According to BC’s Advanced Education website, Education Minister Peter Fassbinder states the following:

“High school is free, but further upgrading is not. I think it is reasonable to expect adults who’ve already graduated to contribute to these costs.”[1]

I would argue that the idea of “further upgrading” is a dubious prospect. There really isn’t such a thing as “further upgrading”, only plain upgrading. Fassbinder makes it sound like adults are taking upgrading courses as a kind of interest-based continuing education that people engage in to keep themselves stimulated, like taking courses on wine tasting or public speaking or world religions, or perhaps he is imagining bored adults who got a B in English and now they’d like try for an A, as a kind of personal challenge and because it’s free anyway, so why not. Fassbinder’s statement gives a good indication about our government’s attitudes toward adult learners, their needs as learners, and their efforts to improve not only themselves but also the society in which they live. As an adult educator, I can state that when an adult learner signs up for a high school upgrading course like English or math or science, he or she does so out of necessity, not out of a passing interest or to burn up educational resources for amusement.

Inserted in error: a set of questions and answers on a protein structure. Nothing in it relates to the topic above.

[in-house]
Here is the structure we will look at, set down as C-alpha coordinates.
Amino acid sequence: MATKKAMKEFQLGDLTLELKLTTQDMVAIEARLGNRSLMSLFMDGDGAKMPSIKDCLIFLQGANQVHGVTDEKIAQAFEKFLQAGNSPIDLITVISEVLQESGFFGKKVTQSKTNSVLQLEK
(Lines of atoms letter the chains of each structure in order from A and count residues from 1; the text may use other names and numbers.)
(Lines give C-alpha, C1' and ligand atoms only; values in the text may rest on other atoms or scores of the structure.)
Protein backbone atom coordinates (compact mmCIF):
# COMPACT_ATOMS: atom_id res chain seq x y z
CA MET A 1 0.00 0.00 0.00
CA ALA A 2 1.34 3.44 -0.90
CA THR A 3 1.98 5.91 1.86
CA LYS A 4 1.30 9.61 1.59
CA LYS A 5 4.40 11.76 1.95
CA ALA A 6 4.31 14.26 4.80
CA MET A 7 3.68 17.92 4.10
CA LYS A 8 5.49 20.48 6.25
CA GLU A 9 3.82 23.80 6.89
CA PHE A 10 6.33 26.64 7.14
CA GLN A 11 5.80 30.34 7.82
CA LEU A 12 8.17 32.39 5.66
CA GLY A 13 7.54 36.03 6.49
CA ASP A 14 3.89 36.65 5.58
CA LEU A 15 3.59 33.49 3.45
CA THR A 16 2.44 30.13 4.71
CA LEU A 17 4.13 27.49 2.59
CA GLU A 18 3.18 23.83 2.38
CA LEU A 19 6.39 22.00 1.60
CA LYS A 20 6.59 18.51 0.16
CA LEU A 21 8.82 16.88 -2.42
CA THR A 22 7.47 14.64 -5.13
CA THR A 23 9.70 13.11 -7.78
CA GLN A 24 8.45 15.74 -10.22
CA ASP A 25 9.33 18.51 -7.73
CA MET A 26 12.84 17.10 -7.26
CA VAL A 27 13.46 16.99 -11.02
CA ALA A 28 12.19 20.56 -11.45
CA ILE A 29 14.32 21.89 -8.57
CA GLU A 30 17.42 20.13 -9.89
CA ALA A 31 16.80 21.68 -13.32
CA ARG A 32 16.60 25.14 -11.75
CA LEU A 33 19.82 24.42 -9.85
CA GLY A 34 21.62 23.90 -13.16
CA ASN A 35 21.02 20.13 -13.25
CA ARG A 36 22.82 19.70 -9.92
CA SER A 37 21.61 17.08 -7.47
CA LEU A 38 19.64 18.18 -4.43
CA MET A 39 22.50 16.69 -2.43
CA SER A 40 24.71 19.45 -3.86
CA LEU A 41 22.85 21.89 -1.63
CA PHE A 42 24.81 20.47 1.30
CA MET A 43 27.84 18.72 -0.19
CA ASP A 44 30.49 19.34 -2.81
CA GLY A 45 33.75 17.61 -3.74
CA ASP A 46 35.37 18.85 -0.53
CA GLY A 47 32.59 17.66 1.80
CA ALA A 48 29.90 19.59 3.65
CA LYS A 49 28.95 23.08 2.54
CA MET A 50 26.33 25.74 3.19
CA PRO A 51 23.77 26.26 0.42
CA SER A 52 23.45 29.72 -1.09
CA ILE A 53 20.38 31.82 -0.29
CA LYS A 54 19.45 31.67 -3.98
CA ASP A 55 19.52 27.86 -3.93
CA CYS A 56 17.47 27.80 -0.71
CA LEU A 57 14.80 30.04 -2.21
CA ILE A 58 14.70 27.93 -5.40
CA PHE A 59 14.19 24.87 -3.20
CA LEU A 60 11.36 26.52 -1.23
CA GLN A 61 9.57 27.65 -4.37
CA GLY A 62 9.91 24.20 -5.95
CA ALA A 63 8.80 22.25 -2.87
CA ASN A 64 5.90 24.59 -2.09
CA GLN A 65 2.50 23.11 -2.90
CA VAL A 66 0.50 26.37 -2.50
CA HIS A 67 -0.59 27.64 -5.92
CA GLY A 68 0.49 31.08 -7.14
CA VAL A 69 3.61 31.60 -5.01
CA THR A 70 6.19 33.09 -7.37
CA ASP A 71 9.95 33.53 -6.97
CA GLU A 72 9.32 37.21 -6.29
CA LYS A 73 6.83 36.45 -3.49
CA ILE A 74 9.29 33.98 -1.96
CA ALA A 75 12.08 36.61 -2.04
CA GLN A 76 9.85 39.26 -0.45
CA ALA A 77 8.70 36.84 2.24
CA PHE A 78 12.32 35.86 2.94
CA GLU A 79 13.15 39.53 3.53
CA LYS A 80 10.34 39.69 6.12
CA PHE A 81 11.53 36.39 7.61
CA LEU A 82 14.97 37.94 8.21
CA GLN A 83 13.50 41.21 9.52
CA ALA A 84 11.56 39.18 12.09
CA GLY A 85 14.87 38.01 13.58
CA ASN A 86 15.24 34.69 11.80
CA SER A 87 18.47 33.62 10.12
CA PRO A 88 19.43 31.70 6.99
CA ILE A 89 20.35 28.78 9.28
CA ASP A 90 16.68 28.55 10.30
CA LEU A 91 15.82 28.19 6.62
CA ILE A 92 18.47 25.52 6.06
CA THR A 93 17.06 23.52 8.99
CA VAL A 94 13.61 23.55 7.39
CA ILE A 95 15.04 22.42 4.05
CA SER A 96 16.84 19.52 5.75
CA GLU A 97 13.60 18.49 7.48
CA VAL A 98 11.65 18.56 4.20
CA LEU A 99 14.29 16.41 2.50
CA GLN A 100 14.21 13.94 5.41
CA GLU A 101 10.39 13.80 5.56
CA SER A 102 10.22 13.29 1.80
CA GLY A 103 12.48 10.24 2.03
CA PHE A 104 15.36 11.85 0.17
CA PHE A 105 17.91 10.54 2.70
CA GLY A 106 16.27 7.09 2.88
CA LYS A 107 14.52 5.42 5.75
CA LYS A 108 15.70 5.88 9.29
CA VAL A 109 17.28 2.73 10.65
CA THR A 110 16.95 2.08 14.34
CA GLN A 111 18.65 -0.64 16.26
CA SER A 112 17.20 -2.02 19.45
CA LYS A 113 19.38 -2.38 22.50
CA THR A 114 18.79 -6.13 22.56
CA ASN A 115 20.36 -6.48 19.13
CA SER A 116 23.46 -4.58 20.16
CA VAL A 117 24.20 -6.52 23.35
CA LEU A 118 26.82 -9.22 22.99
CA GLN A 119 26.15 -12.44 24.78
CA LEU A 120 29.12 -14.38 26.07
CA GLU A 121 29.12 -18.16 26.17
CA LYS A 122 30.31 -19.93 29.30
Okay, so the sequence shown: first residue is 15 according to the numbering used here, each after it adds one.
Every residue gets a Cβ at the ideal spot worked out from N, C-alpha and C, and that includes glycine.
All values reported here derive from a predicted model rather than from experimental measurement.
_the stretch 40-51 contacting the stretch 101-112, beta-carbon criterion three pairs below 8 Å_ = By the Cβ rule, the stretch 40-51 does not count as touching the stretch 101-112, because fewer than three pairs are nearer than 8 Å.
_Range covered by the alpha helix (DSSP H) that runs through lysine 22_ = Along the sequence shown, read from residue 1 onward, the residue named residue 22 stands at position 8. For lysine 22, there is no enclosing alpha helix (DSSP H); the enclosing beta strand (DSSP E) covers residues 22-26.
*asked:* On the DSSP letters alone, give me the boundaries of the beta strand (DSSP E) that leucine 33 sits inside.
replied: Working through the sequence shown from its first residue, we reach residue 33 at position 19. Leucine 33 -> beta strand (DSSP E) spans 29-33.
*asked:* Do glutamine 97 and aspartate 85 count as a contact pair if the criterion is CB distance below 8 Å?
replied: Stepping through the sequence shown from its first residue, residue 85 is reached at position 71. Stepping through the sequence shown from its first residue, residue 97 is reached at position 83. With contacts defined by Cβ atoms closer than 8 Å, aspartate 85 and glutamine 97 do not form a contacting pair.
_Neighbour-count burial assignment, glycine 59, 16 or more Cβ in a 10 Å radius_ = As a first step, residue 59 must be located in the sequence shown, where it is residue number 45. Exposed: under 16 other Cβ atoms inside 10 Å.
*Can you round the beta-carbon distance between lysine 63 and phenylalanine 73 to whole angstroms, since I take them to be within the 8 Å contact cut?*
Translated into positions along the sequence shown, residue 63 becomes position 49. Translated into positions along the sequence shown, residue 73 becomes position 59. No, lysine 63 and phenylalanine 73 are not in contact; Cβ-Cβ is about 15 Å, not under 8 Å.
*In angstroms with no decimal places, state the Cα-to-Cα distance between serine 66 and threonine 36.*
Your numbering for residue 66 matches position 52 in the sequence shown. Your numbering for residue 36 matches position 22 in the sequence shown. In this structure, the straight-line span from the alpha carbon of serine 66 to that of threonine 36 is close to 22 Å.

Why do adults need to upgrade, even when they already have a high school credential? In many cases, they do so because the high school education has been insufficient or its value expired or students have been passed through the system as a way to get rid of them rather than to educate them. This is what makes the journey of so many adult learners so amazing. In spite of the poor experience they may have had in high school, or the struggles they have faced as learners and the humiliation that often accompanies those struggles, they decide to carry on. They seek out rewarding careers. They strive to improve their knowledge so that they can become better workers, parents, community members, people.